This report fills Paul’s heart with joy, as he hears of their love and steadfastness, and the example they have become to other believers. But if that were all that he heard, one doubts that he’d have written the letter we have in our own hands. His primary concern seems to be the “affliction” (thlipsis) that the Thessalonians are undergoing and its effect on them. Paul’s emphasis on the faith of the Thessalonians in the opening “thanksgivings” suggests to me that this effect is the shaking of that very faith. We can also see reflected in more than one place in the letter an additional concern, that there are some among the Thessalonian congregation who have ceased to work. Other, lesser issues can mostly be grouped under one or the other of these larger ones.
Before tackling these causes for the letter, we need to place the Thessalonian congregation in its own setting. That is, it is an entirely Gentile congregation. Unlike the congregation in Rome that included some Jewish converts and worshiped alongside other unconverted Jews, or the congregation in Galatia which was challenged by Jewish teachers who required of them that they also undergo conversion to Judaism, there is no hint that this congregation is challenged by questions of its relationship to Israel. This isn’t to say that they were unaware of it, only that it wasn’t a matter of worry for Paul. He doesn’t actually mention his Jewish siblings in the letter, except as a parallel to the Greco-Roman culture from which the Thessalonians have been called.
And this Greco-Roman identity of the Thessalonian congregation becomes important when we study details of the letter because Paul makes use of many themes they’d have known from their own philosophers in the course of his writing. By these familiar forms Paul speaks to them in language that appeals to them, but by the way that he changes them (sometimes startlingly), he draws deep contrasts between the lives they’re called to and the lives from which they’ve come.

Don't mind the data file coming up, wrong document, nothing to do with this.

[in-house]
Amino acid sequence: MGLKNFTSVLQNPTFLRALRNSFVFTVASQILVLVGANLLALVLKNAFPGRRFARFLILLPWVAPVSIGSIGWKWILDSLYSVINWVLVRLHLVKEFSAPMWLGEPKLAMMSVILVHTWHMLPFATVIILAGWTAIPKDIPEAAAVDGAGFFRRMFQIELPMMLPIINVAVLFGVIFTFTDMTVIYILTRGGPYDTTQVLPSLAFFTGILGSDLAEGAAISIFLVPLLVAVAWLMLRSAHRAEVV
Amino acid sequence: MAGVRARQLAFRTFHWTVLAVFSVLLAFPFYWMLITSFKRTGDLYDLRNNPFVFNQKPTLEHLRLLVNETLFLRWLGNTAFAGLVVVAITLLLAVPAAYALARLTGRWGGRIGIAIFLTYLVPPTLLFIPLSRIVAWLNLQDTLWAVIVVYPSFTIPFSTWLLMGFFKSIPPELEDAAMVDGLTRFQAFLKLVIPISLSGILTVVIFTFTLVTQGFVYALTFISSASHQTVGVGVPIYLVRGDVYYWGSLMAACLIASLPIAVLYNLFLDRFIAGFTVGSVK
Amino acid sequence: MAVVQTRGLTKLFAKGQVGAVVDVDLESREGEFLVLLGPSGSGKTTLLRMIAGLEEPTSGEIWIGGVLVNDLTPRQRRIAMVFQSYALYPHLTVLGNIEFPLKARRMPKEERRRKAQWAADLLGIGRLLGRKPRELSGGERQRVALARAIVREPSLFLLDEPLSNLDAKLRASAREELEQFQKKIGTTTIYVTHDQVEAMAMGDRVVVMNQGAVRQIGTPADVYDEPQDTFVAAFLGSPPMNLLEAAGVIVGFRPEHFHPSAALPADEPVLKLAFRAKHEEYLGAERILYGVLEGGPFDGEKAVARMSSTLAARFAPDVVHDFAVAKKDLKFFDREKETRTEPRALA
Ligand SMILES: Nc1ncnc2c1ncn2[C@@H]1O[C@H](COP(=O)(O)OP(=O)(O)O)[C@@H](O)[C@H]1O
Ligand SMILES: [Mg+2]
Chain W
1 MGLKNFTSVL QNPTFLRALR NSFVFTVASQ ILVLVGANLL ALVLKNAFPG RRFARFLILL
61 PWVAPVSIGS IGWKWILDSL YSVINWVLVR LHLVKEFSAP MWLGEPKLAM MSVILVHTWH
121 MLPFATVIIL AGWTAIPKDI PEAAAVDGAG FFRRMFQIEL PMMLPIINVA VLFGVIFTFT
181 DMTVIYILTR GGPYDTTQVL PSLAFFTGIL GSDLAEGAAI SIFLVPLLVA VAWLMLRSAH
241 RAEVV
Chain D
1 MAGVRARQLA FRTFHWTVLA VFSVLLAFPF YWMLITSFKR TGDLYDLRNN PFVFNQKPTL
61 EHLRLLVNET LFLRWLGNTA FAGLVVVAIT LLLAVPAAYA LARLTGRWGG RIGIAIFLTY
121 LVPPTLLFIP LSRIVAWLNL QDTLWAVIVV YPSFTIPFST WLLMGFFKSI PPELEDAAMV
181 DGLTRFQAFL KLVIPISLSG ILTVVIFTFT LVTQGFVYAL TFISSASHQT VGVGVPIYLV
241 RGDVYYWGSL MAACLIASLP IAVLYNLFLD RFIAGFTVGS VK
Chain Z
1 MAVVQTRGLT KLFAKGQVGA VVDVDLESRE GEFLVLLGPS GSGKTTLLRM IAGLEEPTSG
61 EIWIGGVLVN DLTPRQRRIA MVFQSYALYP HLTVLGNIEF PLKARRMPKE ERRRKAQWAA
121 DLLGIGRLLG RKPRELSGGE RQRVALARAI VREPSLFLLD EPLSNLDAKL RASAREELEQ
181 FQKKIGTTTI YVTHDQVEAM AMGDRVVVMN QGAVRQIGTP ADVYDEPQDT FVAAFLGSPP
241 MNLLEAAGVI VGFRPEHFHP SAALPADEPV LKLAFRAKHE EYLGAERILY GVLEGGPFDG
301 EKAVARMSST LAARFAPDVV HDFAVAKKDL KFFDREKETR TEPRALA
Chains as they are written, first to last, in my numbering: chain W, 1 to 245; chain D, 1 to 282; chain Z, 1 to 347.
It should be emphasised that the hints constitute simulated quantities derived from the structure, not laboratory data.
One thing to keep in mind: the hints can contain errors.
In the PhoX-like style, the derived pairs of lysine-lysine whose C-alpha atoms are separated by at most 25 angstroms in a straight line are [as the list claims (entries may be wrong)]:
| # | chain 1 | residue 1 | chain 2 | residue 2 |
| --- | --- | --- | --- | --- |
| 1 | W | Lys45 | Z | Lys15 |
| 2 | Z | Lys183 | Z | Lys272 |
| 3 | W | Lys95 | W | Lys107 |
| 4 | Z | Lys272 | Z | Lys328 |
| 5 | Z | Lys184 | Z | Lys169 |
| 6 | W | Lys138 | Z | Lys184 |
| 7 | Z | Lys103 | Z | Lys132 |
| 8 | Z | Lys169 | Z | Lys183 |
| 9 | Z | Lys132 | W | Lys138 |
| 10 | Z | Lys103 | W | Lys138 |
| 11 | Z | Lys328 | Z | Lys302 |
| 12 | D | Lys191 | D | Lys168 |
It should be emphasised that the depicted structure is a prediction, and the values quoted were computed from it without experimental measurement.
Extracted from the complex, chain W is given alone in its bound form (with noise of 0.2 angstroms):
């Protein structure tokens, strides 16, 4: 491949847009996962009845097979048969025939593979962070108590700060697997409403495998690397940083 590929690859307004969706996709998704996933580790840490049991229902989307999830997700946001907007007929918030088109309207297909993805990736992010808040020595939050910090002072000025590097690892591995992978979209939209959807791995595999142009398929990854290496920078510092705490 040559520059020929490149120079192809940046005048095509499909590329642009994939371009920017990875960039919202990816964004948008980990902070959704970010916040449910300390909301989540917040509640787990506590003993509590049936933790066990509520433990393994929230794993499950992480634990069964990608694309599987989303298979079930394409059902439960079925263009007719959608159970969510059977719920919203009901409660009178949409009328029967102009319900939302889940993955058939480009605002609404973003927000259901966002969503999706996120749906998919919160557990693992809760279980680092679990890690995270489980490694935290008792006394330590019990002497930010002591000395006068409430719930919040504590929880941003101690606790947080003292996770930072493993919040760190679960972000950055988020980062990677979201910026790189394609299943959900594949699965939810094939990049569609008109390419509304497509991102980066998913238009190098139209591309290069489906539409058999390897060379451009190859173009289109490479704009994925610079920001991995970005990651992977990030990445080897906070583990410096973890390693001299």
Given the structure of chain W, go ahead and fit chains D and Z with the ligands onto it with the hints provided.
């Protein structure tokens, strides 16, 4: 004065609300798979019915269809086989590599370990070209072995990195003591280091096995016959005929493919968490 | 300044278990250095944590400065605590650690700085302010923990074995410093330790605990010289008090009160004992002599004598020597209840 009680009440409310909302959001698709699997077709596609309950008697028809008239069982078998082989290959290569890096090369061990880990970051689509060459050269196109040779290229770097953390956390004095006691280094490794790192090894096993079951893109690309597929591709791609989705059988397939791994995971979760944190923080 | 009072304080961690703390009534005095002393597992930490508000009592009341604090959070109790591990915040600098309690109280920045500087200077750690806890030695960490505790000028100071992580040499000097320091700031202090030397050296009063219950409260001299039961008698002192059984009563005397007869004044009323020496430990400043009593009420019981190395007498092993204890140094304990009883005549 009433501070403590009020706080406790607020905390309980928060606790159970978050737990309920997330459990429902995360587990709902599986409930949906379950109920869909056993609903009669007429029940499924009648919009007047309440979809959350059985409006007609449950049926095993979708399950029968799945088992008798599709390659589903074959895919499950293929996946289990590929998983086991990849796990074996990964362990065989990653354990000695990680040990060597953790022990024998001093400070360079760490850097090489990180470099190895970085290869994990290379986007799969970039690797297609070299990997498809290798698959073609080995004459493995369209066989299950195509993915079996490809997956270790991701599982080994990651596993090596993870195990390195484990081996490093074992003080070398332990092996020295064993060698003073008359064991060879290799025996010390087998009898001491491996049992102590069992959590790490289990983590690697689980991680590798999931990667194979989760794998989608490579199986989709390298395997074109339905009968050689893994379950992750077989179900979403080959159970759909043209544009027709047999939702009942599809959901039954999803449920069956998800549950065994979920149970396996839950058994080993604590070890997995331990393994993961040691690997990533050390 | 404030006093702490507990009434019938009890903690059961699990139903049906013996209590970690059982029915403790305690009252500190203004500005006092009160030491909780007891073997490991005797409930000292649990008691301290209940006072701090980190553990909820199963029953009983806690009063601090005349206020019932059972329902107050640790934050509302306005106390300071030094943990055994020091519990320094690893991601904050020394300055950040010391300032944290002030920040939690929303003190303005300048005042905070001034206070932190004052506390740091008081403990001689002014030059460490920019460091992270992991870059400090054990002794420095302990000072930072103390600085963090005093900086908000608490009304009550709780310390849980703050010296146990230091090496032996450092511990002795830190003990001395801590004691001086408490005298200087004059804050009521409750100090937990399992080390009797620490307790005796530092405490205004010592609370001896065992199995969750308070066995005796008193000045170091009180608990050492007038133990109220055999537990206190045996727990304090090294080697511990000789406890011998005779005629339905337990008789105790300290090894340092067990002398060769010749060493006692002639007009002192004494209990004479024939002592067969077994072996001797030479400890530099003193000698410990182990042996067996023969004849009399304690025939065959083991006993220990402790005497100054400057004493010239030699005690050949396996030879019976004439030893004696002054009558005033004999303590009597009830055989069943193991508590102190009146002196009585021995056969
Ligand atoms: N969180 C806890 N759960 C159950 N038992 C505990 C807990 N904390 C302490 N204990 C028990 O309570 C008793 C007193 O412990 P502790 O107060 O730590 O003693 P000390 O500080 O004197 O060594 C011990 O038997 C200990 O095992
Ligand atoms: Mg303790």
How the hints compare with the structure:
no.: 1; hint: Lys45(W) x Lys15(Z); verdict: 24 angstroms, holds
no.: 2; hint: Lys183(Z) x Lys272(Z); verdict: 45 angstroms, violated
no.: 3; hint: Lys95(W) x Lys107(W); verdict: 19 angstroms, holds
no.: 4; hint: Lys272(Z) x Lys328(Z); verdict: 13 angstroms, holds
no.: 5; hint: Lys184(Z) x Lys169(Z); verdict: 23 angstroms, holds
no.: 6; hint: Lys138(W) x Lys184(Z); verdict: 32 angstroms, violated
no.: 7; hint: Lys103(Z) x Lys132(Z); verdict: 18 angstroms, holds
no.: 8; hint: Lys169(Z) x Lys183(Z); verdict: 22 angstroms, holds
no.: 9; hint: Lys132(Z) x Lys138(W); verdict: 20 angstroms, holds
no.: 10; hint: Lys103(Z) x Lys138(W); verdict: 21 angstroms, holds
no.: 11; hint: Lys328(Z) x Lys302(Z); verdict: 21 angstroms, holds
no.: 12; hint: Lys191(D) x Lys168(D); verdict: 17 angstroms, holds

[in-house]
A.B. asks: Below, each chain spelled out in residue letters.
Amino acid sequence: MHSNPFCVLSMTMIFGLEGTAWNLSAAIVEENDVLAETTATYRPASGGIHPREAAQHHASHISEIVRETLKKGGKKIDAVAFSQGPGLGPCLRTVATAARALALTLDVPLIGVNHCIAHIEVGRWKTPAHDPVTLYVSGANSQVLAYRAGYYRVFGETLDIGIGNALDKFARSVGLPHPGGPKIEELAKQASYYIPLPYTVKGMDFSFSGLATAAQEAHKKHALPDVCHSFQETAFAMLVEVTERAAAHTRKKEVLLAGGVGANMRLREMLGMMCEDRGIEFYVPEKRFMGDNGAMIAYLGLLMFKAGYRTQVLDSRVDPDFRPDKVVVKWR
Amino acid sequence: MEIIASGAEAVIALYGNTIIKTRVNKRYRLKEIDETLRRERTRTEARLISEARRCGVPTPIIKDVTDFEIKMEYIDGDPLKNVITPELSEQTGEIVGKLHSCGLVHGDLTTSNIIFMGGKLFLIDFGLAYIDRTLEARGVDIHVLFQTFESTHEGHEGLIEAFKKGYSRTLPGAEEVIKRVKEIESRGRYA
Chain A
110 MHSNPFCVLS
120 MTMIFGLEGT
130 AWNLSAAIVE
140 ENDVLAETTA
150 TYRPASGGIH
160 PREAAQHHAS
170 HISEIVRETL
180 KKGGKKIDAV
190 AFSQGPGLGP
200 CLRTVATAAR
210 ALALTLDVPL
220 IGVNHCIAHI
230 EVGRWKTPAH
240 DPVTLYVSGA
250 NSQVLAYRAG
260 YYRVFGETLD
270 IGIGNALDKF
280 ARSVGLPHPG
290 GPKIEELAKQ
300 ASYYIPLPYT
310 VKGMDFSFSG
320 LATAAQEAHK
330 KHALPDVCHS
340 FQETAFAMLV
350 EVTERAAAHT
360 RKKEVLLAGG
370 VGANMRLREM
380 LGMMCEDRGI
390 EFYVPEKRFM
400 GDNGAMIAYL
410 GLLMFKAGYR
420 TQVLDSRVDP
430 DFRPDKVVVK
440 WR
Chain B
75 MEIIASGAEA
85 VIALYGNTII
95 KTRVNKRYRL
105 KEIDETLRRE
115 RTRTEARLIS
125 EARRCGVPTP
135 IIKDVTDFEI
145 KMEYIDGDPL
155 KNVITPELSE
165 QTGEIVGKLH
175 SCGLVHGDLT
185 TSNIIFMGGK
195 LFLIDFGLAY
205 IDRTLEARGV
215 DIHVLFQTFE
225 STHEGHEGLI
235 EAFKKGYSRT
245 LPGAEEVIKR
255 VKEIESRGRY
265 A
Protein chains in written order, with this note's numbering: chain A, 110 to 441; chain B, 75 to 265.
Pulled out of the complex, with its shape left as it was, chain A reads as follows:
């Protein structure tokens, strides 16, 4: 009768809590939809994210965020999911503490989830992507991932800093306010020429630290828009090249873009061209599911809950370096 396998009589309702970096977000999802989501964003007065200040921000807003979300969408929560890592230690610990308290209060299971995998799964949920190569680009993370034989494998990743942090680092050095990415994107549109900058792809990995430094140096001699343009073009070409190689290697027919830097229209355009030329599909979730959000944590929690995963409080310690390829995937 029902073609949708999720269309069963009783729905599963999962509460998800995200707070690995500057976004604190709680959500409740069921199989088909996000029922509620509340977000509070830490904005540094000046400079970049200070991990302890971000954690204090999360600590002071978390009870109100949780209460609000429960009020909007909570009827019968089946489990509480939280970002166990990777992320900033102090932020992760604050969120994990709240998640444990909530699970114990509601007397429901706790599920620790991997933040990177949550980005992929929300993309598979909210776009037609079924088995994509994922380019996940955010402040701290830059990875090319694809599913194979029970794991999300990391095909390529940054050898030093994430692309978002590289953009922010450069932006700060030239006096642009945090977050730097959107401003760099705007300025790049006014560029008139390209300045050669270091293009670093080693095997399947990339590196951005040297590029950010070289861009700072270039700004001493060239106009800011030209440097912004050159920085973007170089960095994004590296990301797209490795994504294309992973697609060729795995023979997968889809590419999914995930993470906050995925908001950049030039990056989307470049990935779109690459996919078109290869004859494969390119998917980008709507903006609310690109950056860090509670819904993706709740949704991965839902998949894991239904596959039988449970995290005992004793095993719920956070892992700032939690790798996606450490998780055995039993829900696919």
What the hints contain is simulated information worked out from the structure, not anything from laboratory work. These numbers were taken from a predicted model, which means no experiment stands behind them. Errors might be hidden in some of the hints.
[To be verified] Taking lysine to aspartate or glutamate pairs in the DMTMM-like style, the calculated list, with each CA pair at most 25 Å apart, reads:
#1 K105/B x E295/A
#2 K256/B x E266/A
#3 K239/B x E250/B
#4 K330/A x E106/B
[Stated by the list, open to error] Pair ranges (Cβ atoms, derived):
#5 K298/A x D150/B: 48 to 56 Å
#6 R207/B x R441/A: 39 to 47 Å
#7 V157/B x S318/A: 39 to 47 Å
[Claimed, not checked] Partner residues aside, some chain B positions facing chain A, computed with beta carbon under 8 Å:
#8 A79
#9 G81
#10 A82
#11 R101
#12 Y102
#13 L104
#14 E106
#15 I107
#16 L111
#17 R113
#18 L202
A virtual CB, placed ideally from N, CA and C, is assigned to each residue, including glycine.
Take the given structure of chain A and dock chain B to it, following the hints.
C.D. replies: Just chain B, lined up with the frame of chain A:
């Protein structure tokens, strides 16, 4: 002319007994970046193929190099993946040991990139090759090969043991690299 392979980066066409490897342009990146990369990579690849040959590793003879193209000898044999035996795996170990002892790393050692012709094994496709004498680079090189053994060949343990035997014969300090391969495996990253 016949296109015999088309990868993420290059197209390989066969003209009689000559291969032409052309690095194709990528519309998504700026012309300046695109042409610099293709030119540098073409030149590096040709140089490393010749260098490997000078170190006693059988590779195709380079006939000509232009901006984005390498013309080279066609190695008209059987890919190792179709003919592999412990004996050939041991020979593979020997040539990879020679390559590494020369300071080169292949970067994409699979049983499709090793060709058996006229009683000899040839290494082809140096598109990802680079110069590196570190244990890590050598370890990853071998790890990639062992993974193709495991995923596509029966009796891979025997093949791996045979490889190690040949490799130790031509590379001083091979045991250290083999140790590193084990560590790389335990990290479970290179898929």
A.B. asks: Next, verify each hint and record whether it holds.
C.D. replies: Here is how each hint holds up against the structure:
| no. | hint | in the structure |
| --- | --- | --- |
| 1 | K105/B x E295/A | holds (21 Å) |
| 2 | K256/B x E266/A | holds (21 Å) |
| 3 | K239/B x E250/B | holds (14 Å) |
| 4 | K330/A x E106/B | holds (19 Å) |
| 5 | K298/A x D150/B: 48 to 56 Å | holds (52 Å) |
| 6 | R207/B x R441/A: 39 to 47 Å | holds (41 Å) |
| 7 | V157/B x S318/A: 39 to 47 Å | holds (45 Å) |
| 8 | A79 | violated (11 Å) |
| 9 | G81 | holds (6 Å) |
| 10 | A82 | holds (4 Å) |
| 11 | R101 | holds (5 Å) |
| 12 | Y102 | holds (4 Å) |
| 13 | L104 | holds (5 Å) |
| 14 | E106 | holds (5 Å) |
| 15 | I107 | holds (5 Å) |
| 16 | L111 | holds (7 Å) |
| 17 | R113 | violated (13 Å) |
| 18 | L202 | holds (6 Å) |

This, then, casts light on both the “affliction” theme and the “idleness” theme. First, the affliction they’re dealing with is almost certainly harassment from their Gentile neighbors. The rejection of the emperor cult and all its practices would have been a cause for considerable ridicule. There is a clue to the kind of ridicule they endured in the letter, too. When Paul devotes a significant portion of chapter four to “those who have fallen asleep” we can deduce that the Thessalonians’ faith in a Savior who apparently cannot save them from death might have been a source of taunt that really wounded. As a result, I believe that Timothy has reported that the faith of some members of the congregation may be shaken.
Then there was also a tradition among Gentile philosophers, most especially the Cynics, to forgo work entirely and devote oneself completely to the teaching of one’s philosophy to the uneducated. By the philosopher’s dedication to his task, his “deeds” became that which validated his teaching. We will see later how Paul turns that idea on its head. But it seems likely to me that some within the Thessalonian congregation had also decided to stop working to support themselves and give themselves entirely to preaching. (So the idleness is not simply a waiting for the parousia.)
This summarizes my understanding of the reason for Paul’s letter and the methods he employs to accomplish his purpose.
On to the appointed verses!
As you’ve read before, Paul’s opening thanksgivings serve as an introduction to the issues he wants to address later in the letter. It is no different here when he speaks of the Thessalonians work of “love and steadfastness.” He points to that gracious quality of their life together that he hopes to strengthen by his letter against the social pressure/harassment they are currently experiencing. In the midst of these commendations of their love and steadfastness Paul also points to the faith of the congregation that has “ gone forth everywhere, so that we need not say anything.” The way that their steadfastness and faith are woven together indicates to me that the affliction they continue to suffer has begun to threaten that very faith.